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A Pennsylvania case is poised to become the vehicle for the U.S. Supreme Court to resolve a split among federal appeals courts over when the statute of limitations begins to run under the Fair Debt Collection Practices Act.

The high court on Monday granted certiorari in Rotkiske v. Klemm, in which last year an en banc panel of the U.S. Court of Appeals for the Third Circuit determined that the discovery rule does not apply to the FDCPA, meaning the statute of limitations begins to run as soon as the alleged violation. That ruling upheld a decision by the U.S. District Court for the Eastern District of Pennsylvania.

The Third Circuit decision differs from the conclusions reach by the Fourth and Ninth circuits.

In a statement emailed Monday, Philadelphia attorney Matthew Weisberg, of Weisberg Law, who is representing plaintiff Kevin Rotkiske, said the justices’ decision marks an “extremely important consumer protection cert grant.”

“The appellate circuits are split on whether that one-year limitation can be paused pursuant to the ‘discovery rule,’” he said. “We look forward to the Supreme Court’s reversal of what we respectfully believe is both an absurd and not legislatively intended result[,] effectively punishing our client for being held untimely when he could not have discovered the violation prior.”

Weisberg is a columnist for The Legal’s sister publication, the Pennsylvania Law Weekly.

The case stems from credit card debt Rotkiske accumulated in 2003 and 2005. According to court records, his bank referred the debt to Klemm & Associates for collection. In 2008, the company sued Rotkiske, but attempted to serve him at an address where he no longer lived. The company withdrew its suit when it was unable to locate Rotkiske, but refiled it in 2009 and attempted to serve him again at the same address.

Court records said that, without Rotkiske’s knowledge, someone at the residence accepted service on his behalf, and Klemm & Associates obtained a default judgment for nearly $1,200. Rotkiske, however, only learned about the judgment in 2014, after he applied for a mortgage.

Less than a year after discovering the default judgment, Rotkiske sued Paul Klemm and several associated entities, including the successor firm to Klemm & Associates, raising allegations that the defendants violated the FDCPA. The defendants asked the district court to dismiss the claim as untimely, given the one-year statute of limitations under the FDCPA, and the district court agreed, finding that the clear language of the statute said the clock began to run at the alleged violation, rather than when the plaintiff discovered there was an alleged violation.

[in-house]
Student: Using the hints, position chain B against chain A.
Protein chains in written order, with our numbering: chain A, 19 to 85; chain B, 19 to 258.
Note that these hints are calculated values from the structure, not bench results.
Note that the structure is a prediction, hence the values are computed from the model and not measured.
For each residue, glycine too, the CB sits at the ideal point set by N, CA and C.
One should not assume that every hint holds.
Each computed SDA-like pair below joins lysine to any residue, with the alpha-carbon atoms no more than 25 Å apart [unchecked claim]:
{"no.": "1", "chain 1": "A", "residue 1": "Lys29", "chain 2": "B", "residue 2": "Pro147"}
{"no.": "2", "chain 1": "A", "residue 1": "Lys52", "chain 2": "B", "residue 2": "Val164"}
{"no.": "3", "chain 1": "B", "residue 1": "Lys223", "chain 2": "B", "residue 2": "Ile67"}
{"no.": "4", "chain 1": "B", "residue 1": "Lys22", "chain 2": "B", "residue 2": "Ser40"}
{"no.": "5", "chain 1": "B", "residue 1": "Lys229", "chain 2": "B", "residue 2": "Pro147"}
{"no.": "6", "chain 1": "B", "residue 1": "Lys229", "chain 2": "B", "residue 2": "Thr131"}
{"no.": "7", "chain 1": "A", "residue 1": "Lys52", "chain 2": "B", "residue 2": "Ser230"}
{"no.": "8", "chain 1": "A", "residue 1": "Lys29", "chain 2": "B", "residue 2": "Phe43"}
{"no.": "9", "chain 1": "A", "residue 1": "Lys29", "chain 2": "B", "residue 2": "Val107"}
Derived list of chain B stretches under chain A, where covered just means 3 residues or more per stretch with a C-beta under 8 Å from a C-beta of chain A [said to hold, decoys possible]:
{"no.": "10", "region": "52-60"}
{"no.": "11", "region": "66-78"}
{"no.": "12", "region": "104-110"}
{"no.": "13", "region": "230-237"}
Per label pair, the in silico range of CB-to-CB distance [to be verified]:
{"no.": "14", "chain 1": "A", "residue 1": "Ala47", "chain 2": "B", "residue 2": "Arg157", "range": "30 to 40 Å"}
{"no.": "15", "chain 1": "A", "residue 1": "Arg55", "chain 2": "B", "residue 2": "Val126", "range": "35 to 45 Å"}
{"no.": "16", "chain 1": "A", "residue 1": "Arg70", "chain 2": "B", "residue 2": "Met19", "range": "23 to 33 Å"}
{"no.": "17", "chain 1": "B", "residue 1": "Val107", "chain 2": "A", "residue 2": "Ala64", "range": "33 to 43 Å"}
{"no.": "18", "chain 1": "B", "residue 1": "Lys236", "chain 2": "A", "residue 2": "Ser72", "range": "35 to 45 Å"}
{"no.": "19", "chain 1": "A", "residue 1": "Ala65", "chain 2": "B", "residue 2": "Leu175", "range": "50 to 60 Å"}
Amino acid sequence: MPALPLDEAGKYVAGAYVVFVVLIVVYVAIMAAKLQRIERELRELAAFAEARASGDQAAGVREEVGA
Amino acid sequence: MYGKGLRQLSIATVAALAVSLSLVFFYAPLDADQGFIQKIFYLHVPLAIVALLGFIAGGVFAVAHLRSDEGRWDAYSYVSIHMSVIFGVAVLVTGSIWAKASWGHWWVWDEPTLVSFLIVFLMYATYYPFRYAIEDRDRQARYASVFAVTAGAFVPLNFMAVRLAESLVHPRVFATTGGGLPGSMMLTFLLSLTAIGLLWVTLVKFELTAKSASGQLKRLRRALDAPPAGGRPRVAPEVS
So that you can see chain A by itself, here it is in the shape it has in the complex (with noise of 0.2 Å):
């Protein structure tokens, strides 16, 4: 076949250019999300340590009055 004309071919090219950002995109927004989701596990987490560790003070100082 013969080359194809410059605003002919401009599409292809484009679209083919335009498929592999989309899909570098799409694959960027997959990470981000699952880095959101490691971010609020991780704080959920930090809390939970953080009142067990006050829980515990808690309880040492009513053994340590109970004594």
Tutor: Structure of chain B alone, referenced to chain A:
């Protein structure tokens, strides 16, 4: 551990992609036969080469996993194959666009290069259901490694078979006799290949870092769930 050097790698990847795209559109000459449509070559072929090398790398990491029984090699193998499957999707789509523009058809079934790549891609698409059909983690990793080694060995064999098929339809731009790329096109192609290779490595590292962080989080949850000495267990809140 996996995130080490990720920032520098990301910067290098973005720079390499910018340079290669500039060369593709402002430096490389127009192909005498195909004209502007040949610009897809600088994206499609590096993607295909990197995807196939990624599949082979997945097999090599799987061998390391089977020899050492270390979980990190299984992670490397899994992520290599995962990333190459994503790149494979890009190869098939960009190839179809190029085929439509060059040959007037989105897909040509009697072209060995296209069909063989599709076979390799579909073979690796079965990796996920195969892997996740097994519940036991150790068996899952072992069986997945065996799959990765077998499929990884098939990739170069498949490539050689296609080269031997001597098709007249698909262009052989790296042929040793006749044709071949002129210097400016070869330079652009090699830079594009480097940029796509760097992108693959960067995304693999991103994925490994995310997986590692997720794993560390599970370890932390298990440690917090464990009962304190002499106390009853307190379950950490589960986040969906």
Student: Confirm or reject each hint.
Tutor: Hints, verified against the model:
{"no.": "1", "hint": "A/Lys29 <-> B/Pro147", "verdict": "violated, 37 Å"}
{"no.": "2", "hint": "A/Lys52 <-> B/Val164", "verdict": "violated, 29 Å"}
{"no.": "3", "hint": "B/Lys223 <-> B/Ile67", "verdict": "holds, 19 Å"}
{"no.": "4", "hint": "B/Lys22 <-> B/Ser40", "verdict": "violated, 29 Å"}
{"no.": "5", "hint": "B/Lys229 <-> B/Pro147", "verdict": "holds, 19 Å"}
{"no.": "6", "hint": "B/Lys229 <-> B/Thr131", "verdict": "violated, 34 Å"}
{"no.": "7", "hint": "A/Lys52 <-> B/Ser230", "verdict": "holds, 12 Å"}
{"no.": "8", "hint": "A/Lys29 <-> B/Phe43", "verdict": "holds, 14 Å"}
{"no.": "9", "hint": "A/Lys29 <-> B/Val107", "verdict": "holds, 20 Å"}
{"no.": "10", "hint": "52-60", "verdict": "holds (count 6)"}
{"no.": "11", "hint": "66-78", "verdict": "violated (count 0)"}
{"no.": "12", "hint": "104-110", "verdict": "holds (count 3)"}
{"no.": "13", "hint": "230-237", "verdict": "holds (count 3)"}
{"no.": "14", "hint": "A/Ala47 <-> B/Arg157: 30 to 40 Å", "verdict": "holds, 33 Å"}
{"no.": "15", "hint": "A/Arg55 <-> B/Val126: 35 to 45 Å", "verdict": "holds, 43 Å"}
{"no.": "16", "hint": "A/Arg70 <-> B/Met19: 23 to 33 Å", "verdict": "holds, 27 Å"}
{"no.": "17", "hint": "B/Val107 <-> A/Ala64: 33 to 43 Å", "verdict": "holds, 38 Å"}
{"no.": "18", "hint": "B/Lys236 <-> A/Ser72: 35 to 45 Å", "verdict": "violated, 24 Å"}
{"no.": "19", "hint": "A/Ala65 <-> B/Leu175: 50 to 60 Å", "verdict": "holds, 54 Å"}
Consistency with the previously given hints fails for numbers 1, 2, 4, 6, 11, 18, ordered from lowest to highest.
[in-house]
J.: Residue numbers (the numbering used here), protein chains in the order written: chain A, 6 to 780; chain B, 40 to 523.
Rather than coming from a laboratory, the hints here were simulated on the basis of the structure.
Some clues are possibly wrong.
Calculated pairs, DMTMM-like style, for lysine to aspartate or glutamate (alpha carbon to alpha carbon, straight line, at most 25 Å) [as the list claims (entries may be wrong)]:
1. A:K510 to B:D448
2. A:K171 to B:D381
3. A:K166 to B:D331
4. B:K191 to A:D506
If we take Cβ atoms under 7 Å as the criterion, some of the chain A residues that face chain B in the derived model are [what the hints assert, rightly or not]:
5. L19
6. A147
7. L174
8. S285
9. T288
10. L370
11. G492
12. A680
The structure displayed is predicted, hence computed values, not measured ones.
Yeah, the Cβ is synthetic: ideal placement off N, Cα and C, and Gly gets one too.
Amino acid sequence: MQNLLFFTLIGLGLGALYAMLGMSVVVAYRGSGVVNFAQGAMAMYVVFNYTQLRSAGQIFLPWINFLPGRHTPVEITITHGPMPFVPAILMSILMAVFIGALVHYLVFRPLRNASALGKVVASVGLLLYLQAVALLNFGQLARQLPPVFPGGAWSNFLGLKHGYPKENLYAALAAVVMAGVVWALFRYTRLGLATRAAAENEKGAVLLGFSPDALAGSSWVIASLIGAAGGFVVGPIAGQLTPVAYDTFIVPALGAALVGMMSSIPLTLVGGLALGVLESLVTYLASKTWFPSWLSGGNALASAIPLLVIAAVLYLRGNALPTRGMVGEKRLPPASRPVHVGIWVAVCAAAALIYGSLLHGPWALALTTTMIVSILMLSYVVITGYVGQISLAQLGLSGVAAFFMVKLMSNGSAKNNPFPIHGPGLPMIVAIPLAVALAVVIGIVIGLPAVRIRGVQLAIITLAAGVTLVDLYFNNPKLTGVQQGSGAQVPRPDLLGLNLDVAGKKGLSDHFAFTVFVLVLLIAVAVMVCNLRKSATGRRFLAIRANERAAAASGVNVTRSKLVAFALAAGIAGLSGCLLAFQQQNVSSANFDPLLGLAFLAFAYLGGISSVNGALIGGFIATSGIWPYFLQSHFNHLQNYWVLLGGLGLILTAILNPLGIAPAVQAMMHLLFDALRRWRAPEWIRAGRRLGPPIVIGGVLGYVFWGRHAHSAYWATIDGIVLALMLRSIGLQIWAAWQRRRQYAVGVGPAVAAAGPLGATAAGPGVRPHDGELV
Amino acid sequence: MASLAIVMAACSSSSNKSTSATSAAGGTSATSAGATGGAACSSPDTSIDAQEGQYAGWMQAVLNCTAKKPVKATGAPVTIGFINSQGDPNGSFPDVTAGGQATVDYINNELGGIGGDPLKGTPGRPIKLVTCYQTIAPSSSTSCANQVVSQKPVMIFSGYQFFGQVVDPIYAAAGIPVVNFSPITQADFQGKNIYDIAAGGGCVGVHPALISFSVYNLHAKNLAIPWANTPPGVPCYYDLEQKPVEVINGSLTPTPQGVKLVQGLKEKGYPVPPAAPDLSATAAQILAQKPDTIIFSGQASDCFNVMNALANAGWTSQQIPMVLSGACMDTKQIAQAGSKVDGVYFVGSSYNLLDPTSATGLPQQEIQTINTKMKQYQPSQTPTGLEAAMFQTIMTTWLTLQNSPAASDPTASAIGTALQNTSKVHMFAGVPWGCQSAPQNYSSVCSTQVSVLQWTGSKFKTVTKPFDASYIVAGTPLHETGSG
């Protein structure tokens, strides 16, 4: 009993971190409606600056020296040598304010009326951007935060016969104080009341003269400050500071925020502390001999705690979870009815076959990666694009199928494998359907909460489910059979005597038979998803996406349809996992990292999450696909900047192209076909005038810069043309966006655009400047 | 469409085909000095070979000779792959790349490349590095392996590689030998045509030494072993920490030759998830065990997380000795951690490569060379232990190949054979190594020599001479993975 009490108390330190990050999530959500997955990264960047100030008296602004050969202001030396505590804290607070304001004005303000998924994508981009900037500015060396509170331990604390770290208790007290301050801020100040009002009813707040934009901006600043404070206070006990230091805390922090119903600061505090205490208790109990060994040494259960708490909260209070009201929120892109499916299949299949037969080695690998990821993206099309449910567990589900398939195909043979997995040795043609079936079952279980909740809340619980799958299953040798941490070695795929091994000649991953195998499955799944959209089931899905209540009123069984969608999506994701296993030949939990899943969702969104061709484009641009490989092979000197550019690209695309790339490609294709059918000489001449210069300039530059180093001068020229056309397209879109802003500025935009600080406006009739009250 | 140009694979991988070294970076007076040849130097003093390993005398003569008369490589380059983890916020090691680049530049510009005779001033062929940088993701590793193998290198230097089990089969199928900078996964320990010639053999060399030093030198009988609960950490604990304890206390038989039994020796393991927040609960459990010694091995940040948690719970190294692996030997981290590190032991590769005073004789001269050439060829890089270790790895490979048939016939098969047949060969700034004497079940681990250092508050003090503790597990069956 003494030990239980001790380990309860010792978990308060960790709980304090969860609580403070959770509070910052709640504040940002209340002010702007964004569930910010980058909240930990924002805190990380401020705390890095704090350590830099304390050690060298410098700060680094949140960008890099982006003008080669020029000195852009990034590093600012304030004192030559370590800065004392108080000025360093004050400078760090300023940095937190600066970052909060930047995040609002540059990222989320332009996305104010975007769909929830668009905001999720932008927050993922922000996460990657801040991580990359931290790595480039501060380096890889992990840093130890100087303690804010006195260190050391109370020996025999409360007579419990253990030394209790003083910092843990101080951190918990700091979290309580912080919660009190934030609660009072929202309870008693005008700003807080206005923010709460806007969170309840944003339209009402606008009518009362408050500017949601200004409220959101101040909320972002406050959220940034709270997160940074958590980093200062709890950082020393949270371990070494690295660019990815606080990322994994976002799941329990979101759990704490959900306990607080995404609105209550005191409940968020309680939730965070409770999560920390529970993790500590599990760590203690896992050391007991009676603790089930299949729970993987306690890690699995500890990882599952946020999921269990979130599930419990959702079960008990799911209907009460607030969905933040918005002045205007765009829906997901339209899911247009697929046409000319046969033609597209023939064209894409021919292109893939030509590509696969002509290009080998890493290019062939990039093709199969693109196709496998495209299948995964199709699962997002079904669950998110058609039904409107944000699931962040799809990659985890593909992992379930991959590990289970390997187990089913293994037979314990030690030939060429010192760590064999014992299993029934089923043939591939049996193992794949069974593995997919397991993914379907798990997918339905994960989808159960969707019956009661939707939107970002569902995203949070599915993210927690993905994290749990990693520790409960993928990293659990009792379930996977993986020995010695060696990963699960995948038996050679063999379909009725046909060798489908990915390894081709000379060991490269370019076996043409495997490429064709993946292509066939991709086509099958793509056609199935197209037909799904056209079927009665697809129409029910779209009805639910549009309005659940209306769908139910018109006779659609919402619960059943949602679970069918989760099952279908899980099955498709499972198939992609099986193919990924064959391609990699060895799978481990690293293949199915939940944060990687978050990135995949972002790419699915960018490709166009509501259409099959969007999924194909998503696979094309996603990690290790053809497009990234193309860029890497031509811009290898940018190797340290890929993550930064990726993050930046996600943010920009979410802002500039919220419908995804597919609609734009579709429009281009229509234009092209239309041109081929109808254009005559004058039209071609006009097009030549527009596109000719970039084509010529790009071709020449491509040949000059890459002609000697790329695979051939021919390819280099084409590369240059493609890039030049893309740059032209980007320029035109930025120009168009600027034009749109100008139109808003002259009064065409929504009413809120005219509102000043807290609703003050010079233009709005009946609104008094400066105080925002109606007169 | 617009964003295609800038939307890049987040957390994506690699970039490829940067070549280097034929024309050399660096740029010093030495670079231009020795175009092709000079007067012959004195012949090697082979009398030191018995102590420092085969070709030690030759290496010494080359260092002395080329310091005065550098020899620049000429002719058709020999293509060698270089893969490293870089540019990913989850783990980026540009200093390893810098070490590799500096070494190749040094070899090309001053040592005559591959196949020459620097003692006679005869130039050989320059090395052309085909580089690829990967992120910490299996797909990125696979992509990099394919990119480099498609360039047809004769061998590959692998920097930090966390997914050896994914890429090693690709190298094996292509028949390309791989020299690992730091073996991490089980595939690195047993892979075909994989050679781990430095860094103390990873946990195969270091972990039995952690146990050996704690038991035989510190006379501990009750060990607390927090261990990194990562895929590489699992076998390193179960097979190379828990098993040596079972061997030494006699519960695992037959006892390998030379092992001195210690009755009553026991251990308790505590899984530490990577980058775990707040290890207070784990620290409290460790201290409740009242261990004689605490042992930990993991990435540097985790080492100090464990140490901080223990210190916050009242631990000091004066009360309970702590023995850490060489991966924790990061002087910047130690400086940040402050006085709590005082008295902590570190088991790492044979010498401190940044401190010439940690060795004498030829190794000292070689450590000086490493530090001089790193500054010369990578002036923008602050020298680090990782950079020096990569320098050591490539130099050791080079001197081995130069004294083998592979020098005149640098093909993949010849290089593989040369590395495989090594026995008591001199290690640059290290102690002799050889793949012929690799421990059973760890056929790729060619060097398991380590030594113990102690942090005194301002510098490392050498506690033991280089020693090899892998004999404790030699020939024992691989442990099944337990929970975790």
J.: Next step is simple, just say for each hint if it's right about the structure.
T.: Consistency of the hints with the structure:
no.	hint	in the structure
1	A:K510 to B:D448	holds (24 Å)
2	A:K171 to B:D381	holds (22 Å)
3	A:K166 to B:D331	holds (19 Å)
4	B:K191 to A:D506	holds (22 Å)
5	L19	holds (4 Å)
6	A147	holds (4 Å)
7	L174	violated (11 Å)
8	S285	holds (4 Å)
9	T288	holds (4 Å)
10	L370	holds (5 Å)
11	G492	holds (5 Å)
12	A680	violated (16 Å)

On appeal, a 13-judge en banc Third Circuit panel agreed with the district court that the statute clearly incorporated an occurrence rule, although the panel also emphasized that its decision did not wade into issues regarding equitable tolling.

The defendants pointed to the equitable tolling issue as part of its argument that the Supreme Court should not take up Rotkiske’s appeal. The defendants contended that in most cases the alleged FDCPA violations will be immediately apparent, and that in cases involving fraudulent or concealing conduct, equitable tolling will “usually prevent any ‘patent unfairness’—and, again, make the discovery rule largely irrelevant.”

Rotkiske, however, contended that the Third Circuit’s decision to reject the discovery rule went against decisions in the Fourth and Ninth circuits, and that district courts have been similarly split on the issue. He further argued that the Third Circuit’s ruling would lead to “absurd result,” and that his case would be a good vehicle for the justices to resolve these issues.

“Thus, whether the FDCPA’s statutory occurrence text effectively creates a statute of repose precluding the discovery rule—as the Third Circuit found[—]or otherwise requires the discovery rule for situations such as this—as the Fourth and Ninth Circuits held[—]makes this (simplistic factual) matter a perfect vehicle for this court’s determination,” Rotkiske said in the brief.

Jones Day attorney Shay Dvoretzky, who is representing the defendants, did not return a call seeking comment.